Keep Your Pet’s Pearly Whites From Getting Furry
Just as humans need to brush their teeth and get regular dental cleanings, so does your pet! While cavities are rare, tartar buildup is so common that about 80% of dogs and 70% of cats over three years* old suffer from some form of periodontal disease.
Typically there won’t be any signs of Periodontal disease, which is why we recommend having your pet’s teeth checked regularly by a veterinarian once they are over the age of three years old.
Advanced symptoms of periodontal disease in pets include:
- Yellow or brown coloured teeth
- Bad breath
- Inflamed, swollen or bleeding gums
- Excessive drooling
- Ropey or bloody saliva
- Reduced appetite
- Weight loss
- Chewing on one side of the mouth
- Loose or missing teeth
While the most obvious symptom is stinky breath, periodontal disease can have much more serious effects including:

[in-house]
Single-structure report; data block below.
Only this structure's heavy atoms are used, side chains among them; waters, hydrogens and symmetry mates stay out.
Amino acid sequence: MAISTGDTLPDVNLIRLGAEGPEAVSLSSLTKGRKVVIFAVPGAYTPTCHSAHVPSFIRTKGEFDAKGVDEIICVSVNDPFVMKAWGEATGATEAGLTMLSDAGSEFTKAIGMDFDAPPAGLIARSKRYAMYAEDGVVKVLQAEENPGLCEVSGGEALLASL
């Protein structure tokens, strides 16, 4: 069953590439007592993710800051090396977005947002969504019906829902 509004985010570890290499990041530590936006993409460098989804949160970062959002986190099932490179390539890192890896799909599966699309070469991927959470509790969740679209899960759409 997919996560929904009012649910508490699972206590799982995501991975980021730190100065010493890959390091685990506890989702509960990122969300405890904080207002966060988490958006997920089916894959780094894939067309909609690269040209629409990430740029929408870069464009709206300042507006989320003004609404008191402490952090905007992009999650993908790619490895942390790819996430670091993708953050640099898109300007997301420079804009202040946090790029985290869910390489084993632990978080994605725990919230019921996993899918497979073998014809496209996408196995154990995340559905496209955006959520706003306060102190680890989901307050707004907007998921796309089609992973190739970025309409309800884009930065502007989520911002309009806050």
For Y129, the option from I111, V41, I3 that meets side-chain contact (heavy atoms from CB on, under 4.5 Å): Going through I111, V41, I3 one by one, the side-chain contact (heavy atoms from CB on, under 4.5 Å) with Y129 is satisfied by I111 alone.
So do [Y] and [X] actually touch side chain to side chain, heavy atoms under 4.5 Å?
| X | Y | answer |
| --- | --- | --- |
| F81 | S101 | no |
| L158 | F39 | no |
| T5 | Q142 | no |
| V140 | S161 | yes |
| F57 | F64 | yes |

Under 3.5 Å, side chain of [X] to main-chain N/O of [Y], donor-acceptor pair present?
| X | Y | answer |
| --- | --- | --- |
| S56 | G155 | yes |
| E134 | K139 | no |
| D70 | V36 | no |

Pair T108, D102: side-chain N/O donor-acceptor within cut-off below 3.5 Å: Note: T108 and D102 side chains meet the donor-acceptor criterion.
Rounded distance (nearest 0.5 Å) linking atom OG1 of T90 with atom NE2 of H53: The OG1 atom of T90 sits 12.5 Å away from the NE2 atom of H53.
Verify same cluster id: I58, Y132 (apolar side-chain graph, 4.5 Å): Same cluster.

- Chronic pain
- Gum erosion
- Loss of bone and teeth
- Heart, liver or kidney disease
Why does this happen?
Plaque is bacteria which builds and calcifies under the gumline. Their body’s immune system responds with inflammation to kill the bacteria, which erodes the gum tissue (gingivitis). If enough bacteria builds up, it can enter the bloodstream and affect other organs, such as the heart, liver, or kidneys.**
How can you prevent it:
- Brush often (ideally every second day but at least once per week)
- Use veterinarian-approved toothpaste (definitely not human toothpaste!)
- Dental chews
- Water additives
- Dental diet foods (ask your veterinarian for recommended brands)
- Regular scheduled dental cleaning with your veterinarian
What happens during a dental cleaning?
Your pet has to go under general anesthetic for dental cleanings. The main problem is the bacteria and plaque sitting under the gum, which cleanings cannot get to when the pet is awake. See the FAQ infographic from Pet Desk below:
For more information, check out the link below: